Personal care and cosmetics company Natura was always a pioneering organization, promoting positive relationships with nature since its humble beginnings in 1969. And it’s always approached sales from a standpoint of helping customers maintain healthy relationships with themselves. Its ads feature everyday women, not supermodels.
More recently in 2014, Natura was the first publicly-traded company to achieve B Corp or “business for good” certification. It’s animal-cruelty free, carbon-neutral, and helps Amazon Rainforest communities sell natural resources in sustainable ways.
So it’s no surprise that talent leaders there — in response to rapid change brought on by massive growth and internationalization — reimagined learning and development (L&D) in innovative ways. In recent years, Natura has evolved into a publicly-traded family of companies with offices in 14 countries and a global reach. That family now includes Aesop, Avon, and The Body Shop.
“We’re now a multi-branded company, and we are a multi-channeled company. These are challenges that are very new for us,” said Bruna Farinelli, training and development manager. “Five years ago, we didn’t have any of these challenges.”
To meet these challenges and prepare for the future, Natura realized it needed to develop employees in a few key areas including agile processes, digital transformation, and leadership. In addition, the company needed to make sure employees understood and maintained its culture of making positive social and environmental impacts, Farinelli said. “We needed to reskill our company, our employees, but without losing our essence, our values, everything that we believe as a company, our purpose.”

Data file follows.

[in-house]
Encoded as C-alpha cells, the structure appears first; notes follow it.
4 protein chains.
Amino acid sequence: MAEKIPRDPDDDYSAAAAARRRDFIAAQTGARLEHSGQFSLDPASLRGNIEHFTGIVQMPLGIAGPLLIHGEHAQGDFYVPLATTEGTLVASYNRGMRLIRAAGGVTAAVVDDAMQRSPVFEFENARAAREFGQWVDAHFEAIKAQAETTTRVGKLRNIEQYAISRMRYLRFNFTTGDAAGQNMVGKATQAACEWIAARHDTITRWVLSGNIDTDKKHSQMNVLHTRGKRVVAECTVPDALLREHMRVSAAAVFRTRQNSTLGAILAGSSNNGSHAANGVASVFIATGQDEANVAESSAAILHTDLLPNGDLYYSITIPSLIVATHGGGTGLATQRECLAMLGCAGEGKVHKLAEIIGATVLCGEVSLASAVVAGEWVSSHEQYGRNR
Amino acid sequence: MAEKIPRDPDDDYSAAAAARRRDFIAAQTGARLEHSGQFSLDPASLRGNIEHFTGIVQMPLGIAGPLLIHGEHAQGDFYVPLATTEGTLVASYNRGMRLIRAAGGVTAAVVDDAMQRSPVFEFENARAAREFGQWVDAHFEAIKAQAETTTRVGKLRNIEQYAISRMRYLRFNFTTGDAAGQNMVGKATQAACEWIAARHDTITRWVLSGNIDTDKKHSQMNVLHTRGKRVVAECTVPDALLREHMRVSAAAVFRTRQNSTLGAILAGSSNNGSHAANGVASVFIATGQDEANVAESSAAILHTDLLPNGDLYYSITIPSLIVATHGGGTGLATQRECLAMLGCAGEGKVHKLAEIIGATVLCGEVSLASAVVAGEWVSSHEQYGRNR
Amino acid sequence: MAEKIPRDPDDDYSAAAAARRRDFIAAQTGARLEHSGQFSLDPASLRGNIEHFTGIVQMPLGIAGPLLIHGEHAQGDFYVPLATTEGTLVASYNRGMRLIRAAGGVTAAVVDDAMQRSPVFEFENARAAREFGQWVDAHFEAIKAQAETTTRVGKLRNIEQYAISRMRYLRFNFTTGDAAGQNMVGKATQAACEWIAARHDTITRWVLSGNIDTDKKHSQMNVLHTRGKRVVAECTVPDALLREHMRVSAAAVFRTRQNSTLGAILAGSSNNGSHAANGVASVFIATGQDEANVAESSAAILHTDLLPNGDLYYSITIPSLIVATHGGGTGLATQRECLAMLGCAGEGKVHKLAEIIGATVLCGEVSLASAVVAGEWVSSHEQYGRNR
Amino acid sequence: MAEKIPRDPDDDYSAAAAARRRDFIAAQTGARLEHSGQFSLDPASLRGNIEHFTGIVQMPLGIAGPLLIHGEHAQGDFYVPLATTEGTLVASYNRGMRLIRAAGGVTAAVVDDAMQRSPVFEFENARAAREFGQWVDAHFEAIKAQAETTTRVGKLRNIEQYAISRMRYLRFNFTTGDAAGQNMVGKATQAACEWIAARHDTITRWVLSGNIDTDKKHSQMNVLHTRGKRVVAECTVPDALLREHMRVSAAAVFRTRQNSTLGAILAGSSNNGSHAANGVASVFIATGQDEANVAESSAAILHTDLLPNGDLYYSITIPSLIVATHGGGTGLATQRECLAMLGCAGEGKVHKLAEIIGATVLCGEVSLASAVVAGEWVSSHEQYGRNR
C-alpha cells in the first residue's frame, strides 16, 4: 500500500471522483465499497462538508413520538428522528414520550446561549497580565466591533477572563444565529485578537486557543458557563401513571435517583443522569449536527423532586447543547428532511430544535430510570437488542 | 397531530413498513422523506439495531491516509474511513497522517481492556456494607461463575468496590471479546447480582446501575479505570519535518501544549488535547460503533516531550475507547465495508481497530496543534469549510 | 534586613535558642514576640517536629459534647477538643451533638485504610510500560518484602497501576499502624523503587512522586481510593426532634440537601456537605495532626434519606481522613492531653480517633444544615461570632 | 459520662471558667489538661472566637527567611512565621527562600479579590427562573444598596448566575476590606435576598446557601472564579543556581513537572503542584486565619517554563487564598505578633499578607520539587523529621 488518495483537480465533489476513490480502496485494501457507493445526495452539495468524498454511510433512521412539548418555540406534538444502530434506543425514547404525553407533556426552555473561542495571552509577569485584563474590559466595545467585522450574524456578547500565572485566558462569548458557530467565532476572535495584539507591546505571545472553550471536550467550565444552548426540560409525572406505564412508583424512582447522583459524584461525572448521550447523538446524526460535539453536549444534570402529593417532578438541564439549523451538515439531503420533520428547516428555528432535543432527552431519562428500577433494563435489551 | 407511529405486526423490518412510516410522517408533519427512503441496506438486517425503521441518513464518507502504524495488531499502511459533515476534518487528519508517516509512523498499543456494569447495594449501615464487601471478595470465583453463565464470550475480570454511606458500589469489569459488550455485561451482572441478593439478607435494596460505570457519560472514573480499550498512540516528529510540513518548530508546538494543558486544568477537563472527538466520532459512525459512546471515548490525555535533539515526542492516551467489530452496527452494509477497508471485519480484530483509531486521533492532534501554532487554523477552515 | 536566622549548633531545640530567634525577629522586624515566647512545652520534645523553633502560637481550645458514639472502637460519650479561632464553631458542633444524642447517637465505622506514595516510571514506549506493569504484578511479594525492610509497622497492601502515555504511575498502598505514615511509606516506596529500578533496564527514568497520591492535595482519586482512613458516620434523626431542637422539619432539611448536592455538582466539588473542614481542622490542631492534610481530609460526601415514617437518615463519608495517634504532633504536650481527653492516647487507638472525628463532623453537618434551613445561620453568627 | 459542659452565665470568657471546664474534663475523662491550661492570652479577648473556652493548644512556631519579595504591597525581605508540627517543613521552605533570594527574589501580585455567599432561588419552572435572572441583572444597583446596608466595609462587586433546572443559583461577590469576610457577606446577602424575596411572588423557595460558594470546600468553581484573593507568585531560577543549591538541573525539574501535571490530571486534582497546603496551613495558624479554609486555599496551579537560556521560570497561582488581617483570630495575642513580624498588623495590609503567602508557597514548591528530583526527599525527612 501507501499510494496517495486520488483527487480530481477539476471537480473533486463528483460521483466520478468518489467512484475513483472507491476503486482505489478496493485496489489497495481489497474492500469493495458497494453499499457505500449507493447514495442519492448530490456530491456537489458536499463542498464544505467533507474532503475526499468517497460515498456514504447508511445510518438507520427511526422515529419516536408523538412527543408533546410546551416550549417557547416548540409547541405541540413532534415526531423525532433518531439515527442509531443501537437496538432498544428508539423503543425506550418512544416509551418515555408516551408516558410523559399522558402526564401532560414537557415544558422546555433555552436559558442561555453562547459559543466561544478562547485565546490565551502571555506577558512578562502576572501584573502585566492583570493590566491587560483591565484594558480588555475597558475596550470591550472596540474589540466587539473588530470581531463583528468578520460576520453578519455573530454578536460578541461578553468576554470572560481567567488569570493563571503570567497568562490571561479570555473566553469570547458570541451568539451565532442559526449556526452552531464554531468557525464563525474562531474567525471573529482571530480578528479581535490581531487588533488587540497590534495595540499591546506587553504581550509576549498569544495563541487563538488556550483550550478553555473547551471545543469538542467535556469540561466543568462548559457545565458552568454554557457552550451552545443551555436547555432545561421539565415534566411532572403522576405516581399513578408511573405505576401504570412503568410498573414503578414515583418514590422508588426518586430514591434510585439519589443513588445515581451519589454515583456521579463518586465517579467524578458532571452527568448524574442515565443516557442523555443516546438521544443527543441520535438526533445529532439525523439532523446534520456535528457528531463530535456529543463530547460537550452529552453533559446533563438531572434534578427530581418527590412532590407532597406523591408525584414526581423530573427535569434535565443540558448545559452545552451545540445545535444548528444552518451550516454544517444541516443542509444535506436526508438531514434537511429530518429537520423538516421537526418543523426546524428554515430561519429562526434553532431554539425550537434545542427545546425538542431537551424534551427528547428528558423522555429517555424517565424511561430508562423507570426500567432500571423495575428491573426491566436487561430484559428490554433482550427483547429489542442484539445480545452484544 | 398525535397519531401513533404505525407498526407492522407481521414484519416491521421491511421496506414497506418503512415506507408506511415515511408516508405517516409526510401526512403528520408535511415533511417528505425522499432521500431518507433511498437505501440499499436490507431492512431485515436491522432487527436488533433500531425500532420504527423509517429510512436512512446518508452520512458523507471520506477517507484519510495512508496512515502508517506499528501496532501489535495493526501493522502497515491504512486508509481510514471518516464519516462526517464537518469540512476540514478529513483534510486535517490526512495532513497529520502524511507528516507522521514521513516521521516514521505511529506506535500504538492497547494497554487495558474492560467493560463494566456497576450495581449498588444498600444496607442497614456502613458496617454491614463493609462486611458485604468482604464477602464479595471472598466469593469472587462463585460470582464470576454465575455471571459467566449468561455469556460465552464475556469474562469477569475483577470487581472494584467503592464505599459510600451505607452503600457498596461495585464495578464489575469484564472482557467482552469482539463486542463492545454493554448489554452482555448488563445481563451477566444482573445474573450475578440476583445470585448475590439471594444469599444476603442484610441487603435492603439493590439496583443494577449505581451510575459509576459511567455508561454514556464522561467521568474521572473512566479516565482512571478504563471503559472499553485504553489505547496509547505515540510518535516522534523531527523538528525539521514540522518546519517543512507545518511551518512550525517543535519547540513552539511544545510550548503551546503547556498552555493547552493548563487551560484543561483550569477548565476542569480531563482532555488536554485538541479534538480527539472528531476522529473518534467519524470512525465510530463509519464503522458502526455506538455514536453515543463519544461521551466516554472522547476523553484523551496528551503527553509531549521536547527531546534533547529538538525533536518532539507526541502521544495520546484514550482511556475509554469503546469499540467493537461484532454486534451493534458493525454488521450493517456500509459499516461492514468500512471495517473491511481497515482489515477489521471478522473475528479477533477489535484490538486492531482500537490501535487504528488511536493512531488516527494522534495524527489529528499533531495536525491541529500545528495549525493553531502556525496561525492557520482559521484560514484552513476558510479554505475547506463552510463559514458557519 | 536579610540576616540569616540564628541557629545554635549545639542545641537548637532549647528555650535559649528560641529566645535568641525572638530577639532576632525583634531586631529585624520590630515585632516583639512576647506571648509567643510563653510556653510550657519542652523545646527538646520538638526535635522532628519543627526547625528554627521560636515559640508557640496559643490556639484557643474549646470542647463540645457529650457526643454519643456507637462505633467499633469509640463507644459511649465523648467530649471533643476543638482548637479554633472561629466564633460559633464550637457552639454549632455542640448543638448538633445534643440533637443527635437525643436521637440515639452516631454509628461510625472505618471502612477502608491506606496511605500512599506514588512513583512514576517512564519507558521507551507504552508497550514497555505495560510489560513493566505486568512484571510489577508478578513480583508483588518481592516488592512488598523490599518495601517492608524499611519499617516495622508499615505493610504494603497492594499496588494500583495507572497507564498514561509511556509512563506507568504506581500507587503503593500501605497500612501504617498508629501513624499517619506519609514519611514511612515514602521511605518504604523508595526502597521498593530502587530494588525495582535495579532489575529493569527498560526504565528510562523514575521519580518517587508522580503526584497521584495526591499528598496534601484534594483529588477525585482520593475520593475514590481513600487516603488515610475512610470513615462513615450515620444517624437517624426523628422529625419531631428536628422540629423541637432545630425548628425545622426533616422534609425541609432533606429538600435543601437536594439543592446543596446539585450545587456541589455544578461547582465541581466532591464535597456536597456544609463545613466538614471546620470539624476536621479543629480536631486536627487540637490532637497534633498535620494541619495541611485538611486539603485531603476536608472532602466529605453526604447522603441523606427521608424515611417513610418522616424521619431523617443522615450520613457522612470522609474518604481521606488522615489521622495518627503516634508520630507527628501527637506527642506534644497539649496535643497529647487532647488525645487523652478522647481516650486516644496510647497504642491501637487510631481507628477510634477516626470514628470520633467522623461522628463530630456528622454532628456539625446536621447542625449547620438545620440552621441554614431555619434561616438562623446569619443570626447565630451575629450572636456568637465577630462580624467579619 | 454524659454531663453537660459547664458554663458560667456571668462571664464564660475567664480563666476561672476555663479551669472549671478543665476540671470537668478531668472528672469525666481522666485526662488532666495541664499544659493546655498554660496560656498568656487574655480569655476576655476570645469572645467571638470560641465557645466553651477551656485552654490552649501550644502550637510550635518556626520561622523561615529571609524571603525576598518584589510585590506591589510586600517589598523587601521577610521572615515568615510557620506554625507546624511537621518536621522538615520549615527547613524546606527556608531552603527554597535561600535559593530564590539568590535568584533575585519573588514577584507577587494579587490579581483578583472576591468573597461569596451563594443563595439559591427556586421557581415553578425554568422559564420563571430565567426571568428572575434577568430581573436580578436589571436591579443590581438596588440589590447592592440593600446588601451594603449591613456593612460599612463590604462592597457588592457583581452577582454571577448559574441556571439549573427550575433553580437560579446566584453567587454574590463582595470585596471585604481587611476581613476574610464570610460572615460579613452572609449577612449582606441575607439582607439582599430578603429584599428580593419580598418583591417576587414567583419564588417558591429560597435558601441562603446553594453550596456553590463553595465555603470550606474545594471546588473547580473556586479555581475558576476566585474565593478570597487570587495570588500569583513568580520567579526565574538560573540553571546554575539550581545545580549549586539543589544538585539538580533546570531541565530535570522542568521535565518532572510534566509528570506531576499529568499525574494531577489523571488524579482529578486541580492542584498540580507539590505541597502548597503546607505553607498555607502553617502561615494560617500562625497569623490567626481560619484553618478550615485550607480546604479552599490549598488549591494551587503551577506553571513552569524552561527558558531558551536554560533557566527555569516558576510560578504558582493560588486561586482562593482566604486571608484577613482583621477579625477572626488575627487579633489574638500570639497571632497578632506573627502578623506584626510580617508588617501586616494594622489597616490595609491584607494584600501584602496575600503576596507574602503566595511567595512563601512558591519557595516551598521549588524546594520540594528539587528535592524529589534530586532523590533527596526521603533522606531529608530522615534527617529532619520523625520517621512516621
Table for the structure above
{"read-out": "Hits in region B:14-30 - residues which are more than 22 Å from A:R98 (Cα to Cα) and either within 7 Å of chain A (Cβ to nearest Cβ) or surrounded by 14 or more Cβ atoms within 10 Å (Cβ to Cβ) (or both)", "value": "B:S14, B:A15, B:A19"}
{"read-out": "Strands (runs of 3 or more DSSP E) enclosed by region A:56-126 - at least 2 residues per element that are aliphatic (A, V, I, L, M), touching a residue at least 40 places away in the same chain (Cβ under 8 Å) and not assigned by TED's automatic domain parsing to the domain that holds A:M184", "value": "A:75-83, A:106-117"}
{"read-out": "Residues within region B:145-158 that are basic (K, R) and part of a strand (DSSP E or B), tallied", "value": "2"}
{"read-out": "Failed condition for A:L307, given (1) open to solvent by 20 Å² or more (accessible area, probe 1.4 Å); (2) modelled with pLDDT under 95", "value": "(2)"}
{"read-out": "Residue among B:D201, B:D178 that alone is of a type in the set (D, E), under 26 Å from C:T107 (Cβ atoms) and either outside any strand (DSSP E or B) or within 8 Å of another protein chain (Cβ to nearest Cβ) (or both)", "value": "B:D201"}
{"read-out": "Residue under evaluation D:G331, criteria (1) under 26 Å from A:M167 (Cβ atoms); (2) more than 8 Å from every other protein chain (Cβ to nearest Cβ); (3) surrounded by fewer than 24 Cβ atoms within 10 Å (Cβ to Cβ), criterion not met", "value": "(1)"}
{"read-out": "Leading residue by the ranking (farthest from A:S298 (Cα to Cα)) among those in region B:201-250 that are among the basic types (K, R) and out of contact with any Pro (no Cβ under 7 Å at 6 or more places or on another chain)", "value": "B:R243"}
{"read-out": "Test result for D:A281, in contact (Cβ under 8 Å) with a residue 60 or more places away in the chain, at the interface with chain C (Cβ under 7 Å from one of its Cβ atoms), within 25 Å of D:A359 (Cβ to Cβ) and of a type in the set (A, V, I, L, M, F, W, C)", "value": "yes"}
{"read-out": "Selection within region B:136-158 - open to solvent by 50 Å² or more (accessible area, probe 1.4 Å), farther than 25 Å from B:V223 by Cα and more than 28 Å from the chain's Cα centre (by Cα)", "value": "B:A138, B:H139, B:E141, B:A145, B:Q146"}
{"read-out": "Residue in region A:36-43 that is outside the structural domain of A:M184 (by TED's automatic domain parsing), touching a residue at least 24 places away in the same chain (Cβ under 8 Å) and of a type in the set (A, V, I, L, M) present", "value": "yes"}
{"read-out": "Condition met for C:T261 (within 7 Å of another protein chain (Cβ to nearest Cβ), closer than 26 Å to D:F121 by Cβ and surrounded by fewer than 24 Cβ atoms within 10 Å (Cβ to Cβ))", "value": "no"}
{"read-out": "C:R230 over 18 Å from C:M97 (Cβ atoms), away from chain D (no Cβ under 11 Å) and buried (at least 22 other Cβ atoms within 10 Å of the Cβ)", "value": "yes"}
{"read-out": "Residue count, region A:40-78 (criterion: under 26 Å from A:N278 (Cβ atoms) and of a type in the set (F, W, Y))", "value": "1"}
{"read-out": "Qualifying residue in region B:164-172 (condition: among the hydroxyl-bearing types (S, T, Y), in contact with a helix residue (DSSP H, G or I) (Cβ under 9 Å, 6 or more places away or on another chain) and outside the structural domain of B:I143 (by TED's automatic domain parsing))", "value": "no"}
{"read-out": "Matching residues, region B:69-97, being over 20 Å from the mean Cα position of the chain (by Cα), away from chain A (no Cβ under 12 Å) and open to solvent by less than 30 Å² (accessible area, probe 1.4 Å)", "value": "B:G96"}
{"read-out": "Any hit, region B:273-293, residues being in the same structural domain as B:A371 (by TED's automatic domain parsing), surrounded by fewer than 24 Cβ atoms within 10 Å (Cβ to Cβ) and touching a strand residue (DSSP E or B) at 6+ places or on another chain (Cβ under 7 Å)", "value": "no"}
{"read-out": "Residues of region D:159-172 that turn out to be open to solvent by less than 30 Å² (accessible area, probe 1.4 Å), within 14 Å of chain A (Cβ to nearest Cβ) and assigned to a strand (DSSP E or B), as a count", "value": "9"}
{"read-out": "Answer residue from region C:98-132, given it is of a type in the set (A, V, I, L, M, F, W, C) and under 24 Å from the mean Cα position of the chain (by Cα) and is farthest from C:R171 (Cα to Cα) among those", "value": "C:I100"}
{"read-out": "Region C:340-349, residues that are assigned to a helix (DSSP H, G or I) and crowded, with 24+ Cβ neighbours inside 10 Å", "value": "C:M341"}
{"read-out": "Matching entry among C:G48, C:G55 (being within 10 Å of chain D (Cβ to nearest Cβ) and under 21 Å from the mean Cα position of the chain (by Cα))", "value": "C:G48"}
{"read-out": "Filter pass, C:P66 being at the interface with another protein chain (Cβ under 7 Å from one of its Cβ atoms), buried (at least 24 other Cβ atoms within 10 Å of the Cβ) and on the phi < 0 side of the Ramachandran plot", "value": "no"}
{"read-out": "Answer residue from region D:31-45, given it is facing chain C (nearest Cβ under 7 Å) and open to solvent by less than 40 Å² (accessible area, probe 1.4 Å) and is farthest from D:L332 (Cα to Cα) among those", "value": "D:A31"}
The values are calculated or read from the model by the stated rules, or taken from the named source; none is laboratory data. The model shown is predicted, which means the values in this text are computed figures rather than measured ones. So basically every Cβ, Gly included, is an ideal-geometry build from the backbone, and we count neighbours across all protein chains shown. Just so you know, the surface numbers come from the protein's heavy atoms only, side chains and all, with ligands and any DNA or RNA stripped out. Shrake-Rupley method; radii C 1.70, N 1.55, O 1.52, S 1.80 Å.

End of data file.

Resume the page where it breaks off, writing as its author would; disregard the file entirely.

Natura for decades emphasized employees’ personal and professional growth, but L&D needed to move away from a traditional training model, Farinelli said, reiterating that Natura lacked a global approach to training. Moreover, she said, “We still had this model that was very hierarchical. It was difficult to prioritize what training was going to be for each person, with not a lot of autonomy for employees to go to the training that they wanted, and with the employees in a very passive model.”
“We had a very strong concept,” Farinelli said. “But we didn’t have the tools to do it.”
An Opportunity, Not An Assignment
To upskill staff and transform L&D at Natura, talent leaders sought to create an open learning ecosystem that incorporates instructional content from a wide range of sources inside and outside the organization. The goal was to enable employees to take charge of their own development.
It was a phased plan, and it looked like this: Deliver a variety of experiences so employees can choose what they want to learn to grow in their roles and advance their careers. Curate content and contribute even more experiences to the mix, and encourage employees to do the same so learning becomes a shared, social endeavor. And then, find ways to expand these experiences beyond the company’s walls — to consultants who work with the company, to clients, and to the broader community.
Learning leaders explored several solutions. They were looking for a user-friendly approach to learning that is easy to manage, works well on mobile devices, connects to people outside the organization, and incorporates into one environment a wide range of learning formats including videos, articles, courses, and podcasts available in multiple languages.
“That’s why we chose Degreed,” Farinelli said. “I was very enthusiastic.”
Natura launched Degreed in April to a subset of employees at its flagship namesake and at The Body Shop dispersed across six countries in Central and South America. It was the first L&D initiative between the two brands, raising the stakes for success.
In addition, “HR is not recognized as a very technological department, so it was important for us to get this right,” Farinelli said. “It was a very stable launch. We didn’t have any technical problems. It was perfect. We didn’t cause any problems for the support team.”
Natura launched Degreed a month earlier than originally planned in response to the COVID-19 pandemic. To get it right, the L&D team prioritized employees’ needs.